Teaching Expert (Deborah from Teach Preschool) :It could be that the child is seeing these behaviors being modeled at home. Best to talk with the parents but you don’t want to just walk up to a parent and say something that catches them off guard! Instead, you need to respectfully and sensitively and privately let the parent know about your observations and why they concern you. Let the parent know that you will be working with the child on social boundaries he needs to respect and would like to make sure the same type of communication is happening at home. Don’t accuse the parents of any inappropriate modeling, only talk about what you are observing in the classroom and how you intend to address it. The parents will self-correct any behavior happening at home if needed.Next – don’t give big attention to the small stuff but do intervene if the child is affecting another child. If the child draws a picture of a naked body at the table then say, for example… “You can draw that if you wish but you will need to go over to the other table where you can finish your private drawing. At this table, we are drawing trees and things that we all can look at.” Give the child choices – to sit with his friends and draw something we can all enjoy or to sit at a private table to draw private drawings. If the child needs to draw private drawings – then let him draw them but you don’t have to let him draw them where everyone else has to see.As far as touching others – you do need to intervene if a hug or another type of touching seems to make someone uncomfortable or it is inappropriate. One way to intervene is to stop the action by saying this poem, for example, “A friendship hug is very worthwhile – you just give a light squeeze and a great big smile!” Reinforce what a hug should look like or feel like rather than attacking the child for what it shouldn’t. You can have private talks too but the best place to focus is helping the child to learn positive interactions that will help him build positive social skills to come.– Deborah, Teach Preschool

Lifestyle Expert (Sarah from Füdoo Boards) :Many behaviors like playing doctor, talking about private parts and showingcuriosity about where babies come from are age appropriate for preschoolers,even if it makes us adults uncomfortable. It is really important to face these questions and behaviors in a matterof fact way and then set the scene for a more appropriate topic forschool.Itsounds like the behaviors you are seeing from your student are impinging on personalcomfort zones of other children. You areprobably already explaining to the student that the behavior is inappropriateand must be stopped with consequences. It sounds like it is time to speak to your school counselor and to havea discussion with the parents. When Ihad this discussion with parents of an offending child in my kindergartenclass, I had a counselor lead the meeting. It was a very uncomfortable situation but the issue had to beaddressed. Check out this article Ifound on the topic and get ready to take the next step.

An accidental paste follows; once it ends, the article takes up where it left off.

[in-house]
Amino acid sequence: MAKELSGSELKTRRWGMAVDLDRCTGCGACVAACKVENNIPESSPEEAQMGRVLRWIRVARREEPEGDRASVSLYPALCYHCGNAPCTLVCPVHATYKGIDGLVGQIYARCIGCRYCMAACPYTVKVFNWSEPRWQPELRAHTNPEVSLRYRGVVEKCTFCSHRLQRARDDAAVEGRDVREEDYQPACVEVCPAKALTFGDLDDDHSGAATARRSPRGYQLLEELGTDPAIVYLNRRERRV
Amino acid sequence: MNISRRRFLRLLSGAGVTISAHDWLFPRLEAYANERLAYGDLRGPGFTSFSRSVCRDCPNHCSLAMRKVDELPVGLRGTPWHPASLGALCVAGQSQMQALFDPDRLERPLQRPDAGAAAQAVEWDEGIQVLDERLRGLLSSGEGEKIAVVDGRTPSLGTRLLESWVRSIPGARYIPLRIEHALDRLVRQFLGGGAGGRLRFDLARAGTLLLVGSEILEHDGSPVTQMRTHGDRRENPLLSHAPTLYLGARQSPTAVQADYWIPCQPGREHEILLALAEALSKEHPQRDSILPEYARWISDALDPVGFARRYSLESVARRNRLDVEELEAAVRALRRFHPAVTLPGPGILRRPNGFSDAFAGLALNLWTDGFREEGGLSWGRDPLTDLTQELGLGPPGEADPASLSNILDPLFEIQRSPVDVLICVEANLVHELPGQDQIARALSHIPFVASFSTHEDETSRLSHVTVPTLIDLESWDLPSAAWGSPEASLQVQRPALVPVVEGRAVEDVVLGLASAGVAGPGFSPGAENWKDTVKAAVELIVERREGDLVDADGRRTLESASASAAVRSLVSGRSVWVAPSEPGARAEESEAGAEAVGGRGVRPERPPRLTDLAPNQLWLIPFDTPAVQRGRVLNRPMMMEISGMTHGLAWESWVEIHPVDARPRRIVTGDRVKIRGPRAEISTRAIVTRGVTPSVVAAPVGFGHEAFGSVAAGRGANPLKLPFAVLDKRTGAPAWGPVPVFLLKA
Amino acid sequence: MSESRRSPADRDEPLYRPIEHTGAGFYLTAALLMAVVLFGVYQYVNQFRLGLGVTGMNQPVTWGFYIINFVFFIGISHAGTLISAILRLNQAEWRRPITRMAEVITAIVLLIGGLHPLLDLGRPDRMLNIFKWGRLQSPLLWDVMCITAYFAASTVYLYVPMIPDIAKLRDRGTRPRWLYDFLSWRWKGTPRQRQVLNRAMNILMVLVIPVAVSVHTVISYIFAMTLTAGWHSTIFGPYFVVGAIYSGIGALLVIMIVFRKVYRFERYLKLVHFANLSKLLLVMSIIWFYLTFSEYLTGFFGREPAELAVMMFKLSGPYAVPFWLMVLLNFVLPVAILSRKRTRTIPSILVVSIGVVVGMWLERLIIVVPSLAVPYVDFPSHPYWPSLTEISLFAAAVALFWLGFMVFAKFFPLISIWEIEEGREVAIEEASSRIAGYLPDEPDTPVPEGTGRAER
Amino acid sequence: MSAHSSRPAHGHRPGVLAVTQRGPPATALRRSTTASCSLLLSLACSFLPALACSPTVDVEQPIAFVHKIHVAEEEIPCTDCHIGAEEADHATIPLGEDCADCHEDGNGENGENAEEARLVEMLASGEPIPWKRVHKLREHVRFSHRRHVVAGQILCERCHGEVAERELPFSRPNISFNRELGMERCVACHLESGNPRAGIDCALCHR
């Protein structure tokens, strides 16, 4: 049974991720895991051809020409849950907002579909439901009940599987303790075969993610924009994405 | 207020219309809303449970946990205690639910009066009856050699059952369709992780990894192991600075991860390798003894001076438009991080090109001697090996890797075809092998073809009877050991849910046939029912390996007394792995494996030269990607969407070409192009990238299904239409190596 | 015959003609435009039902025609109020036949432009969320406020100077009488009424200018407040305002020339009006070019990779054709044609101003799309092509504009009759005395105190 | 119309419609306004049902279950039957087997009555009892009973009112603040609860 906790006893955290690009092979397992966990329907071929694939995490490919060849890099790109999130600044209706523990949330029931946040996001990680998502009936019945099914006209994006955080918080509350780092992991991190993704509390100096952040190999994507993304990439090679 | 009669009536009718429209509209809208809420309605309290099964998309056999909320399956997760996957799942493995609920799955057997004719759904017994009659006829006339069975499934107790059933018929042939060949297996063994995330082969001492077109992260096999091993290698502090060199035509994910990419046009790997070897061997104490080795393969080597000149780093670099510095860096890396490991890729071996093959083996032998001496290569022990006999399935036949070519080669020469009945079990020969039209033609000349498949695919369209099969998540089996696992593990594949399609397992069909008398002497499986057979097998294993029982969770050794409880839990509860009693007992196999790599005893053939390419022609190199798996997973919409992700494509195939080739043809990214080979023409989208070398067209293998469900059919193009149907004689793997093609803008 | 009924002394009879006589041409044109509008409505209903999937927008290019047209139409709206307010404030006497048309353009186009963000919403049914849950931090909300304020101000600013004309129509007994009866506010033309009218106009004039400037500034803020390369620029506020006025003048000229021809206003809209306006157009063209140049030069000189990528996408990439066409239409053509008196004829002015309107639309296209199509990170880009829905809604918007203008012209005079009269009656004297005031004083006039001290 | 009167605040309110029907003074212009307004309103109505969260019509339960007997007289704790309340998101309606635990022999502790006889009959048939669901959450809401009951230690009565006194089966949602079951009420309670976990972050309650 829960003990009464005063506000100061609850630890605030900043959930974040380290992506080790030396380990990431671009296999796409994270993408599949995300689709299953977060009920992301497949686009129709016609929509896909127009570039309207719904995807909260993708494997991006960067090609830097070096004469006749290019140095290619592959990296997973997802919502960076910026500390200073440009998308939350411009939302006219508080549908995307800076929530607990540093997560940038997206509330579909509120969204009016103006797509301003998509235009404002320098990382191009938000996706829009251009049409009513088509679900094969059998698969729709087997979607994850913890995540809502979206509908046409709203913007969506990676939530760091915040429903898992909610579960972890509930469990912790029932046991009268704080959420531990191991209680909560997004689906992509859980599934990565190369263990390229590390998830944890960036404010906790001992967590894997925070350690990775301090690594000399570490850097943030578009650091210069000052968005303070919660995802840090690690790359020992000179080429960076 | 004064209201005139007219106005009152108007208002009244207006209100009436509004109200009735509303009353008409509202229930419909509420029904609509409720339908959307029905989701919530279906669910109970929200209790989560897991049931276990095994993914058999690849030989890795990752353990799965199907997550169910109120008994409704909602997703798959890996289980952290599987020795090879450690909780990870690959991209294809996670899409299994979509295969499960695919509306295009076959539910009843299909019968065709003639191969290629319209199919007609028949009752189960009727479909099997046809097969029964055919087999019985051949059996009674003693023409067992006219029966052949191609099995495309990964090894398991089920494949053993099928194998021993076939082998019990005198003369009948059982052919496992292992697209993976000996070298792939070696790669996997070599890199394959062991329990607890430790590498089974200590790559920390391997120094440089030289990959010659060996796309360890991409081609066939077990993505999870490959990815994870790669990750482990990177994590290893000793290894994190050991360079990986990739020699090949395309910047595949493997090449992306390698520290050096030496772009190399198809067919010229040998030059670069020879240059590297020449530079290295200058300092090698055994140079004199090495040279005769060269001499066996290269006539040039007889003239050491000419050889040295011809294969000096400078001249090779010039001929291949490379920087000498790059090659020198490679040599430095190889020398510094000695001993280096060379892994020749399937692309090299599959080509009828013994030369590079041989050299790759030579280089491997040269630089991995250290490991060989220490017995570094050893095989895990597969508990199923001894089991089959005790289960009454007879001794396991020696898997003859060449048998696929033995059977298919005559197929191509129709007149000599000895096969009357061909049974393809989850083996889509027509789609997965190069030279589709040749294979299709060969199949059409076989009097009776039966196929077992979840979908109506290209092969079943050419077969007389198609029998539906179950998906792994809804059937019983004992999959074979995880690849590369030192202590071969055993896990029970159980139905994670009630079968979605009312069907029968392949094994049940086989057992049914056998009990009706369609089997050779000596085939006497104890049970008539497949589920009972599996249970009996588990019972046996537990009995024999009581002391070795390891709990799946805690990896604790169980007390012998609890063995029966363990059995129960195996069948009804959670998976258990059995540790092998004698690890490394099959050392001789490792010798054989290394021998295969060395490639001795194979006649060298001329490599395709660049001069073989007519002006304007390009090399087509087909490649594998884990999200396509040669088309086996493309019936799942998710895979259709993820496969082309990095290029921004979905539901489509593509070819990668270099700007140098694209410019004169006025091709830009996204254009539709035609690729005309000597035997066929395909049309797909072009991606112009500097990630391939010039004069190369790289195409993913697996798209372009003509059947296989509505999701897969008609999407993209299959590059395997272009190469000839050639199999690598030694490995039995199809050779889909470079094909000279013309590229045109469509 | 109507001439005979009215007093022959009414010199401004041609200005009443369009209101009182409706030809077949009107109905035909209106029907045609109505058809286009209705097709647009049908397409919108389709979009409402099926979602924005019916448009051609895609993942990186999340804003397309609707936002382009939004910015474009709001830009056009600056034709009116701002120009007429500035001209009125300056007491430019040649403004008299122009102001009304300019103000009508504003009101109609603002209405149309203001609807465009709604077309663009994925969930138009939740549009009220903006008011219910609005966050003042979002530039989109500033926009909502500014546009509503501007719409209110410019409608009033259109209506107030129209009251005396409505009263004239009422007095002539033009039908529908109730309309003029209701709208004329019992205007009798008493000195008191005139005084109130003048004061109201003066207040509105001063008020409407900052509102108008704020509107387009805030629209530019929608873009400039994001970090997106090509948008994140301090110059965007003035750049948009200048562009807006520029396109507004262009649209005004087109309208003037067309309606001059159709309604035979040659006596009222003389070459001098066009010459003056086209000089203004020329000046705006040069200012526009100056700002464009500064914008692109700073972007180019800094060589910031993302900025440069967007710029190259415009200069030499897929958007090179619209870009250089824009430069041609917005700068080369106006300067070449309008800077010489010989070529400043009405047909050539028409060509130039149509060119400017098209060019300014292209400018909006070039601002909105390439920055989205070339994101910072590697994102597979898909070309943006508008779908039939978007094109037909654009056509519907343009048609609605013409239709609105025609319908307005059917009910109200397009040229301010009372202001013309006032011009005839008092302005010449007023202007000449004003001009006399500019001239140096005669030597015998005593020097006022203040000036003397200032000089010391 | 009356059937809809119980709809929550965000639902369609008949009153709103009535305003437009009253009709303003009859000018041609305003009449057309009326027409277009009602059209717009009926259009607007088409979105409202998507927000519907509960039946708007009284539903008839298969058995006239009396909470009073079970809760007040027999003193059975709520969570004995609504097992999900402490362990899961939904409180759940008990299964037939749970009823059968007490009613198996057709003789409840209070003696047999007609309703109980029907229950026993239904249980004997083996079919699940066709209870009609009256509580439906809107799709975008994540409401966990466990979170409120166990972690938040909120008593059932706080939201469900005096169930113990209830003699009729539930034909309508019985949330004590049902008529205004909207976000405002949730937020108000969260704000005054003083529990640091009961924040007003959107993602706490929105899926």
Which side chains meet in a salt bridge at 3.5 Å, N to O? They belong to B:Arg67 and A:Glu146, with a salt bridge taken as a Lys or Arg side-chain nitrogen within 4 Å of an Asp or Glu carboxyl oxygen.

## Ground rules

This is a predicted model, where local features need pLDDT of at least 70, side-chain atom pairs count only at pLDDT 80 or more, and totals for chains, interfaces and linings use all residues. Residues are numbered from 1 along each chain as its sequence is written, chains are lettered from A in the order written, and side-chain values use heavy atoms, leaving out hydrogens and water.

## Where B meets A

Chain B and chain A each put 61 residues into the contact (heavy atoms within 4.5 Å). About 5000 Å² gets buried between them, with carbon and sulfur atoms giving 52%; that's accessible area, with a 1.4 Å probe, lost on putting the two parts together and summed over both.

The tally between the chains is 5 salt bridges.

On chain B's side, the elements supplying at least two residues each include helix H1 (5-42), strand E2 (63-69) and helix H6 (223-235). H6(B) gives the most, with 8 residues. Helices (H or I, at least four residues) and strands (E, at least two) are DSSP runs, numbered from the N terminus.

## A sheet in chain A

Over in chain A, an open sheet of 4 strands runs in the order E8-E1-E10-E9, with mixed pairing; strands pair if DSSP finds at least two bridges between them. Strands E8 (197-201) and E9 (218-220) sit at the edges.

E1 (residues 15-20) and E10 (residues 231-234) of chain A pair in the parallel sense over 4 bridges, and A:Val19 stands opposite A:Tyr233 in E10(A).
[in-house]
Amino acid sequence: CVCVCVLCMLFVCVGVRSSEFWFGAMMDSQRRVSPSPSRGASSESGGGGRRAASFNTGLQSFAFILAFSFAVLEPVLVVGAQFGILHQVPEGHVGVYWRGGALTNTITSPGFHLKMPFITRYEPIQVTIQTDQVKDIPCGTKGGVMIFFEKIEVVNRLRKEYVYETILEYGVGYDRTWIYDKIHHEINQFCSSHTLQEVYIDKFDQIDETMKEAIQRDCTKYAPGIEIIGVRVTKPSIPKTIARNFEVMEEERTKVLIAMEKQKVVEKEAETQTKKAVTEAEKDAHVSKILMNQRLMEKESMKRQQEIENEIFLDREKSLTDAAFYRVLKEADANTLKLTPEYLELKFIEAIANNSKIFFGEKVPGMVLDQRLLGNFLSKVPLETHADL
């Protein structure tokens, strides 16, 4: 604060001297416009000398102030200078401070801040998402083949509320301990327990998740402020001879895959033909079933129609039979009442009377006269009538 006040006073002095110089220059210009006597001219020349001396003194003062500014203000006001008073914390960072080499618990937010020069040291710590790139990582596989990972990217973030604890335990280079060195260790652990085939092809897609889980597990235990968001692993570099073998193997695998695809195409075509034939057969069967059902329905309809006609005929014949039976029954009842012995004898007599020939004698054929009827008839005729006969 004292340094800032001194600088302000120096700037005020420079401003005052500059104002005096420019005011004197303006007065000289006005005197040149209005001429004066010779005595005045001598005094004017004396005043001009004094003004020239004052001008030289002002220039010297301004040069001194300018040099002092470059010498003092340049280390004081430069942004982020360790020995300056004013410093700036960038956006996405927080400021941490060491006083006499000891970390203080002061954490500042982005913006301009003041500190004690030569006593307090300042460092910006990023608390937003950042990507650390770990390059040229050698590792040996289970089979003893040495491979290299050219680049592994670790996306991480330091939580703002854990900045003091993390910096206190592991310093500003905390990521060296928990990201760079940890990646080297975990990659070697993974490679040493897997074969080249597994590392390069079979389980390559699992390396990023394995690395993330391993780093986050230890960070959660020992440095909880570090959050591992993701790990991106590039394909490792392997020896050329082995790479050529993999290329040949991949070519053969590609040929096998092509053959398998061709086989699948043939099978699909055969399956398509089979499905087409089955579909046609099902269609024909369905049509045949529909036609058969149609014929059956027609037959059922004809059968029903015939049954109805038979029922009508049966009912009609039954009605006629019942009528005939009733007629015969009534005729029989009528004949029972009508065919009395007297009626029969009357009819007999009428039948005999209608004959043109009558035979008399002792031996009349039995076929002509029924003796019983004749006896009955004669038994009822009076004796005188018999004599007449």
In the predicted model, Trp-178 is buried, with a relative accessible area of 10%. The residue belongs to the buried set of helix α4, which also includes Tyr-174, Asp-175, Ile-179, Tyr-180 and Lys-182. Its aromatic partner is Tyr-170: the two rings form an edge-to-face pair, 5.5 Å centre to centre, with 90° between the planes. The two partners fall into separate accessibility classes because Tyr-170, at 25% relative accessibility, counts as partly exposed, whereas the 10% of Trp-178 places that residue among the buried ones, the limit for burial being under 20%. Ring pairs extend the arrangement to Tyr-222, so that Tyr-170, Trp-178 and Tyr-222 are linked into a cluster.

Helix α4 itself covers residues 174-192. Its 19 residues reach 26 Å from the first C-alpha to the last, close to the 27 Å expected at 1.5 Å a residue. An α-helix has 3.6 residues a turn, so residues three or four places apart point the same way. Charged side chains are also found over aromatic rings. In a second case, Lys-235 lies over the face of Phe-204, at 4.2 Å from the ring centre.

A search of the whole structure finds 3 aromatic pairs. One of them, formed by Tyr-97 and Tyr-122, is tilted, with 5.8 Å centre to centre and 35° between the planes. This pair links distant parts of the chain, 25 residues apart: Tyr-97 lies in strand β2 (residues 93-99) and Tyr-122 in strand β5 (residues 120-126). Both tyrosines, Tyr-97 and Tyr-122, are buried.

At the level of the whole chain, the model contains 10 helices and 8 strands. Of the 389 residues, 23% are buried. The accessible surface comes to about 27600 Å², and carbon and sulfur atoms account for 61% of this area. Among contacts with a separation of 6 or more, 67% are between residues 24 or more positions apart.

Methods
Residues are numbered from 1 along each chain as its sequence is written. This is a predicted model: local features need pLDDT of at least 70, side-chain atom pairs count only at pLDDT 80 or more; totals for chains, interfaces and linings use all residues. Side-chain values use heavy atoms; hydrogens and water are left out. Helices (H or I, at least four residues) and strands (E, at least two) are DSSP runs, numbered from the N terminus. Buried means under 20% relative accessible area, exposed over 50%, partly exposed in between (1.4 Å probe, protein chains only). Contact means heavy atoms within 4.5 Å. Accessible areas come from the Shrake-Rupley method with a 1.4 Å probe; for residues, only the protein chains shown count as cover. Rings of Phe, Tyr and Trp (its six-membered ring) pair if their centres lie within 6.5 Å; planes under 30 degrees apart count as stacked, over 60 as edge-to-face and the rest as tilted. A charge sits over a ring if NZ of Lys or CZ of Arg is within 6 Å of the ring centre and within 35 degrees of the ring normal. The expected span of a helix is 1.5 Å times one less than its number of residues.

— Sarah, Fudoo Boards

Parenting Expert (Erin from The Intentional Parent) :I think that you are right to be concerned. While some degree of curiosity about the body is normal, it seems as though this child may have been exposed to something that is not developmentally appropriate, and may need counseling.As the parent of another child in that class I would speak to the teachers about your concerns, letting them know that you are uncomfortable with this child’s behavior and you have concerns about your child being in the class. I know that it is an uncomfortable topic, but if it is making you uncomfortable think about how confusing it may be for your child, and other children in the class. The school should be equipped to deal with scenarios like this (they are unfortunately not that uncommon).I would talk to your son/ daughter, empower him/her by letting them know that if anything makes them uncomfortable (such as a prolonged hug, or a certain kind of touch) they can (and should) speak out, say no, etc.  As simple as this concept seems many kids don’t know this.
The best thing that you can do though, is continue what you are doing, being involved and aware of the situation in the classroom.

— Erin, The Intentional Parent

Thank you Experts! Let us know your opinion on the hands on : as we grow Facebook  page too! Please check out the experts’ websites, too!
And thank you to all the readers who have submitted questions! Head over and submit your question – next month’s topic will be all about those unwanted behaviors that probably embarrass you and how to nix them, or maybe they’re just normal! (All topics are welcome, we’ll get to your question in the future!)

Next Monday, I’m combining two questions that hit close to home. With two boys at home, I often wonder how much of the acting out and fighting I can take, or what should be tolerable.

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  1. Aunt Annie says

    What a great post! This is such a common problem, sadly… every year I see children displaying inappropriate physical behaviours like this. Great to get some different perspectives on how to handle it.

    I have always taken the bull by the horns, so to speak, and talked about private parts of our body with preschoolers using puppets- I have a kangaroo puppet with a pouch, and this models a 'private' part meant only for her baby which she doesn't like others touching.

    I also use school readiness time to talk about the reason why schools have separate toilets for boys and girls, as a way to approach the topic with the larger group. This is a great way to break the ice about personal space and social expectations of behaviour- and I've noticed that those who exhibit the undesirable behaviours tend to be the ones who are most interested in this discussion.